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Londoner wrote: Sat Aug 19, 2017 12:16 pm
This looks like an infinite regression, but unlike knowledge there seems to be no cogito to stop here.
I do not understand that.
And I wouldn't bother wasting any time trying to understand it. You'll not get anywhere with this guy, what you are saying doesn't suit his agenda, it's as simple as that.
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PauloL
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Re: The Theory of Evolution - perfect?

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PauloL wrote: Sat Aug 19, 2017 10:14 am
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I accept a common ancestor. All empirical data show that. I also accept mitochondrial endosymbiosis by Eukaryotes. Thinking otherwise from empirical data is absurd. Life as we know it couldn't show up from magic arts.

But don't ask me to accept Darwin because what I see is a circular theory, nothing more. Darwin made a remarkable visionary hunch for his time. Unfortunately the religious connotation was such that his visionary hunch became dogmatic to the point that a theory on evolution is not apt for evolution itself. Anyone trying to challenge it so that evolution could be clarified scientifically is insulted at once. All scientifically theories can be challenged, except Darwin's, right the one most missing improvement.

All scientific theories have a Numenklatura protecting them, this is Kuhn's normal science. Look at last month's letter in Scientific American "A Cosmic Controversy" undersigned by such imminent scientist as Stephen Hawkins amongst others in reply to scientists proposing an alternative to inflationary cosmos.

Darwin's theory is however outside normal science, something Kuhn missed, in that its challenges, as you can see in this forum and in the literature, are dealt mainly by insults and ad hominem attacks.

In my case, a lot of people called me creationist and theist. They're wrong. I can be a religious person or not, and see no problem in disclosing that, but not as part of a philosophical discussion. Philosophy is expected to be neutral and the quality of argumentation must not depend on beliefs by the author. That's what I learned from Philosophy at school, and it's why I rely on Philosophy to these days. I remember from those times things like "Not a good argument, because it assumes they believe in God" and "Not a good argument, because it assumes they don't believe in God". But this is "official Philosophy" only. "Realphilosophie" is something different.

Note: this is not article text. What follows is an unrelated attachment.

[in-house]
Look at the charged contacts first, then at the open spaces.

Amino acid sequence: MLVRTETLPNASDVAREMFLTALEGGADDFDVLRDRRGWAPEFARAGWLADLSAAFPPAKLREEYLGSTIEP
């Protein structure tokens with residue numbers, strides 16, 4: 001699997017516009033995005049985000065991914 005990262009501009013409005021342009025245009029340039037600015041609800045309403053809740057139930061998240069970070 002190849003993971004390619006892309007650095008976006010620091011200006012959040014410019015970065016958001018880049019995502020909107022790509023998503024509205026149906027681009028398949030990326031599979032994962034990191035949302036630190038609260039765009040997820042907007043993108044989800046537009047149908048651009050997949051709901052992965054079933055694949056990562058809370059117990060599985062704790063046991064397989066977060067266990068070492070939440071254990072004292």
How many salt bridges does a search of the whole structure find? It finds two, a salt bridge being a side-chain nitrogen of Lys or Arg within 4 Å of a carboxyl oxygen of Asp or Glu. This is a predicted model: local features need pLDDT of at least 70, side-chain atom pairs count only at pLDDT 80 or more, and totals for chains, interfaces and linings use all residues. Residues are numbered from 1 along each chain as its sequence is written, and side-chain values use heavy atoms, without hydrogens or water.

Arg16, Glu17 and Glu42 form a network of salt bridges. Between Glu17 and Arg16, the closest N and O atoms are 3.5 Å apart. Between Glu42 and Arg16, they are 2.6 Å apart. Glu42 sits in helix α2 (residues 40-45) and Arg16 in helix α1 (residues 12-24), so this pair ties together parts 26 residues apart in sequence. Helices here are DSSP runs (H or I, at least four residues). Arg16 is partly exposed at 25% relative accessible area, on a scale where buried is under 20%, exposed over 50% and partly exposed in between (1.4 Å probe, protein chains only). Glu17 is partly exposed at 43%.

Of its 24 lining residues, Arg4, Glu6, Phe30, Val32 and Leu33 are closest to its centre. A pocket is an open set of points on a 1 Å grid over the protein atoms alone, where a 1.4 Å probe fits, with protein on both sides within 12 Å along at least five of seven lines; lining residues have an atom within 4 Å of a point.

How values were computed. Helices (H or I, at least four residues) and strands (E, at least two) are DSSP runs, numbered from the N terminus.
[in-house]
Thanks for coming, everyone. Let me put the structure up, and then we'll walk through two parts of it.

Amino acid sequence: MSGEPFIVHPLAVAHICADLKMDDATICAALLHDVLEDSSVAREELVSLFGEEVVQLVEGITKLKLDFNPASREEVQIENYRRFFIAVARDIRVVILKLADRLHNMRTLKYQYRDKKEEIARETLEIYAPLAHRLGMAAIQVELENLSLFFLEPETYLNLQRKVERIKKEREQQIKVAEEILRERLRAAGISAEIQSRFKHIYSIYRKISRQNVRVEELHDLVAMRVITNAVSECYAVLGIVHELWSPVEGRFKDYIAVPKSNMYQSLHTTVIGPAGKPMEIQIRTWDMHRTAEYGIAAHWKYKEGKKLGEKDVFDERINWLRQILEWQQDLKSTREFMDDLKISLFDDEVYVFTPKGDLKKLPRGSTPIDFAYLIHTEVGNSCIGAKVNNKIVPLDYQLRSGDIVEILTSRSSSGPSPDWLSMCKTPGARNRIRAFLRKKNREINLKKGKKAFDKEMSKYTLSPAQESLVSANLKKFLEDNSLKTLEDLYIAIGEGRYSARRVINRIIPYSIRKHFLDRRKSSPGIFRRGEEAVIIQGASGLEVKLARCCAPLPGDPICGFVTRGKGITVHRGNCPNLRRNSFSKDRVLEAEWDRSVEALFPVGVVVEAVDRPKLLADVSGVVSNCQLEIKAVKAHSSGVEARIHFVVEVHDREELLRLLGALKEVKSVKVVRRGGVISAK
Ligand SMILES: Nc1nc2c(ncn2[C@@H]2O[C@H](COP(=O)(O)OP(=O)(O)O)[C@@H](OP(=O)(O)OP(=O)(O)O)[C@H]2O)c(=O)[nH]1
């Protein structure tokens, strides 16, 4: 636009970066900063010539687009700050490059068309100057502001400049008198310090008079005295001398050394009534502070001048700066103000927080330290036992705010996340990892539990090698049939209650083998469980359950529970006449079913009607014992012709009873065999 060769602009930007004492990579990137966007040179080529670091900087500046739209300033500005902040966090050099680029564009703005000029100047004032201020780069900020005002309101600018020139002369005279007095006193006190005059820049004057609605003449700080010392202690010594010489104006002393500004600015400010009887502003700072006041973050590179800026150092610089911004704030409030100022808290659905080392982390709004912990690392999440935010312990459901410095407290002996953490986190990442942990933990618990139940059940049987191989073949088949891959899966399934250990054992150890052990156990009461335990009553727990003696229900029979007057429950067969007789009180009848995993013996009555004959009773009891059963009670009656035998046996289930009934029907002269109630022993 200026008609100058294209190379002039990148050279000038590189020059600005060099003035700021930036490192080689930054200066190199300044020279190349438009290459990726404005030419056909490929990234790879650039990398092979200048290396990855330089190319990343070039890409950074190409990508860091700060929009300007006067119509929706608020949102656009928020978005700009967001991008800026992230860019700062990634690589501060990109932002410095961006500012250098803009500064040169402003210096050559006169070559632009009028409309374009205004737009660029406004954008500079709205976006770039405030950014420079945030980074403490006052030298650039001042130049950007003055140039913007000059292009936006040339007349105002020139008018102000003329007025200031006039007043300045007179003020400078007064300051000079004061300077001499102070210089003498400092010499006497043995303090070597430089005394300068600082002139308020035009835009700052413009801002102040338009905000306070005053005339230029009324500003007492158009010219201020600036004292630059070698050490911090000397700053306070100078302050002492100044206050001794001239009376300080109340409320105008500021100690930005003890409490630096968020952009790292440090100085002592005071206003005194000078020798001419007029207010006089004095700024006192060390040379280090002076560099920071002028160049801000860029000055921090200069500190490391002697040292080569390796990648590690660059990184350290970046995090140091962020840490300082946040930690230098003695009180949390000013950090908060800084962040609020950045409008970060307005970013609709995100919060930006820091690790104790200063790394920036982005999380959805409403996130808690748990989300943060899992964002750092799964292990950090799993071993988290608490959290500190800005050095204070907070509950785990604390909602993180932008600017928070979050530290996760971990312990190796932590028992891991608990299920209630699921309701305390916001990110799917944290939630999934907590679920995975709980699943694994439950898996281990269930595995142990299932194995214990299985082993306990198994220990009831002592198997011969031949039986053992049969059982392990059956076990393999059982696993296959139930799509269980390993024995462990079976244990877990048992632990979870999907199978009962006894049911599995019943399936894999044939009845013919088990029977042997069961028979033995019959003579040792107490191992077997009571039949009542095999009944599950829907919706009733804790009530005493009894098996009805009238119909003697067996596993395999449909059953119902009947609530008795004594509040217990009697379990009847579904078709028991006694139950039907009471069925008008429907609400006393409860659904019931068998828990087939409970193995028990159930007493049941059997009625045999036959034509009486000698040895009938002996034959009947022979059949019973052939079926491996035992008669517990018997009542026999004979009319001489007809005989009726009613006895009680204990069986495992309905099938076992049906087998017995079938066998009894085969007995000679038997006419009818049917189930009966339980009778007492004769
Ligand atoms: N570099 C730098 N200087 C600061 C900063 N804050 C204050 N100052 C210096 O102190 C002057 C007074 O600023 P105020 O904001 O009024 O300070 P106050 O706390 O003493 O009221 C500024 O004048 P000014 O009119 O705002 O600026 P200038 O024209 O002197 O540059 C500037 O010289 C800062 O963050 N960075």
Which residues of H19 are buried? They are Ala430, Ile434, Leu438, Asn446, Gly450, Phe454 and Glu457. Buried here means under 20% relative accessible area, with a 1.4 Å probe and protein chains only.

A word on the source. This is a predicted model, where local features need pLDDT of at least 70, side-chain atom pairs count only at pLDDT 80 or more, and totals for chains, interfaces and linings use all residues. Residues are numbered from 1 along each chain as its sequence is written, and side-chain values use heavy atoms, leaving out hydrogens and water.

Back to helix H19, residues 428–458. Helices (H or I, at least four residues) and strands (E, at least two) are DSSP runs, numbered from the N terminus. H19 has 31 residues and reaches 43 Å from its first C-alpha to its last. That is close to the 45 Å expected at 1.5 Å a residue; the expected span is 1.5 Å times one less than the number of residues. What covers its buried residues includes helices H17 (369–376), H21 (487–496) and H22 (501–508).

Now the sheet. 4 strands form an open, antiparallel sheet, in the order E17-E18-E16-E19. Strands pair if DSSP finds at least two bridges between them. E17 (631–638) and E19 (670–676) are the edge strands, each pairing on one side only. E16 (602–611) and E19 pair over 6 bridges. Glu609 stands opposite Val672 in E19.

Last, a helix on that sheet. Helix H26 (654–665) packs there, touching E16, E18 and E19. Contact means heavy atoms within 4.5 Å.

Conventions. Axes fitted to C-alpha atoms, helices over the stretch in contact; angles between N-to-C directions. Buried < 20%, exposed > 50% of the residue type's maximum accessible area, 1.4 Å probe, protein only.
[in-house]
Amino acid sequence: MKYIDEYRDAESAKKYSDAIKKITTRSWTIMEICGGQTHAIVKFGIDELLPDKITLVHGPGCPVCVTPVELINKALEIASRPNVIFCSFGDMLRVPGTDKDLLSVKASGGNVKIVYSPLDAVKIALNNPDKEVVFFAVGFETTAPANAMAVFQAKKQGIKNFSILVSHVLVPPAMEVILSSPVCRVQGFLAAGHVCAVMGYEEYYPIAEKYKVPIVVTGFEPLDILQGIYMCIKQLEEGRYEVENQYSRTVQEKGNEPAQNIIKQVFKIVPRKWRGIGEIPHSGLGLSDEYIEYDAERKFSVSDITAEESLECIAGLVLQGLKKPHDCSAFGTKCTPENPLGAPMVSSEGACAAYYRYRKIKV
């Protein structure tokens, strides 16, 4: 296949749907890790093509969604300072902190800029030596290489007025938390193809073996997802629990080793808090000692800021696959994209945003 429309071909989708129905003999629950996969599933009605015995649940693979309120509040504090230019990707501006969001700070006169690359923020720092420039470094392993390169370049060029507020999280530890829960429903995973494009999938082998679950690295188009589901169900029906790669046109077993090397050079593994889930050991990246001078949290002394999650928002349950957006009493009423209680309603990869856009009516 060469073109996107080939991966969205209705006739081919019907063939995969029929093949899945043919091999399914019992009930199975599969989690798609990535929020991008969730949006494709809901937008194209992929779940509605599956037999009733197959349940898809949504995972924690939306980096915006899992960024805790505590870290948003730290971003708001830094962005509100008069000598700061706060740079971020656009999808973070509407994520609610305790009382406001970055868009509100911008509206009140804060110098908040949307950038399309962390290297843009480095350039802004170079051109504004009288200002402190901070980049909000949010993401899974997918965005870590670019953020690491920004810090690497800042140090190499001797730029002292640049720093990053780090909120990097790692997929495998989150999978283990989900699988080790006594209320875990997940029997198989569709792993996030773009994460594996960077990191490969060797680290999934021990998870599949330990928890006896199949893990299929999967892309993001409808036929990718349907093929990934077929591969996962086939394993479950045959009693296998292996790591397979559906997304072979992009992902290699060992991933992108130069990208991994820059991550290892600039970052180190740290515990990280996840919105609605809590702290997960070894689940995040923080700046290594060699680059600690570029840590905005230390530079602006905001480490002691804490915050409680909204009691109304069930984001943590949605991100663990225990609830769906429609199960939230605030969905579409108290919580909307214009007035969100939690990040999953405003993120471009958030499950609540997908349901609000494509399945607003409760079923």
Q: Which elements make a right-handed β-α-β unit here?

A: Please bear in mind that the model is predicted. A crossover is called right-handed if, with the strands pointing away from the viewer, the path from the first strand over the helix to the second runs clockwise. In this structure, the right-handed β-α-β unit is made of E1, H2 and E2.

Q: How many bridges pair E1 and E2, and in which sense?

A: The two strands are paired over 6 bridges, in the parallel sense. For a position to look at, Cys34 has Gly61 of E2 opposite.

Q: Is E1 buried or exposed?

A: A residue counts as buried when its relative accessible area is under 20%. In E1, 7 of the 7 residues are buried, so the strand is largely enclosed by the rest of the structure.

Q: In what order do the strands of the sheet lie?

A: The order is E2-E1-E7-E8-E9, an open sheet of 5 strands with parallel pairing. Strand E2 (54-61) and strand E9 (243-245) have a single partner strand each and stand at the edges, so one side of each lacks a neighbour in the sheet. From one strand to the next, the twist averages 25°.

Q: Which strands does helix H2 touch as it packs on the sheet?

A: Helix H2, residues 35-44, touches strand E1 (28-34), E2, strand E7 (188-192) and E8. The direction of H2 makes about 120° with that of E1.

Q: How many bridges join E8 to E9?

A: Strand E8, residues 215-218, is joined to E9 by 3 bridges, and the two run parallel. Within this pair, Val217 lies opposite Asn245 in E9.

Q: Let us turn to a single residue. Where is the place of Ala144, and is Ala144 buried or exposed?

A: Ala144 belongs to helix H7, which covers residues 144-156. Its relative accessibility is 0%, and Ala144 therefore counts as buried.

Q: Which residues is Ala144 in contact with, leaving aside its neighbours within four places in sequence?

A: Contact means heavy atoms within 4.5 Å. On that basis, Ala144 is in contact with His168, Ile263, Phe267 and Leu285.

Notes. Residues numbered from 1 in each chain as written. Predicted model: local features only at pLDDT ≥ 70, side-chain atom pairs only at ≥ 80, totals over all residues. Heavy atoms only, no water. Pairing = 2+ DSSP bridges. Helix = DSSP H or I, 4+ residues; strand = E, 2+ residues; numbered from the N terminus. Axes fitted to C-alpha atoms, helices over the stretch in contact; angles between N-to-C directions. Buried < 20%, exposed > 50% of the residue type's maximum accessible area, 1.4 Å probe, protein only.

Look at this philosophical argument (I withheld author not to compromise them):

"And I wouldn't bother wasting any time trying to understand it. You'll not get anywhere with this guy, what you are saying doesn't suit his agenda, it's as simple as that."

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Last edited by PauloL on Sat Aug 19, 2017 1:16 pm, edited 2 times in total.
Londoner
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Re: The Theory of Evolution - perfect?

Post by Londoner »

PauloL wrote: Sat Aug 19, 2017 1:06 pm But don't ask me to accept Darwin because what I see is a circular theory, nothing more.
Well, I have done my best to answer you. I honestly cannot see why you think it is circular.
Anyone trying to challenge it so that evolution could be clarified scientifically is insulted at once.
I have never insulted you.
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PauloL
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Re: The Theory of Evolution - perfect?

Post by PauloL »

Londoner wrote: Sat Aug 19, 2017 1:12 pm
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Londoner, of course you never insulted me, I never said such a thing.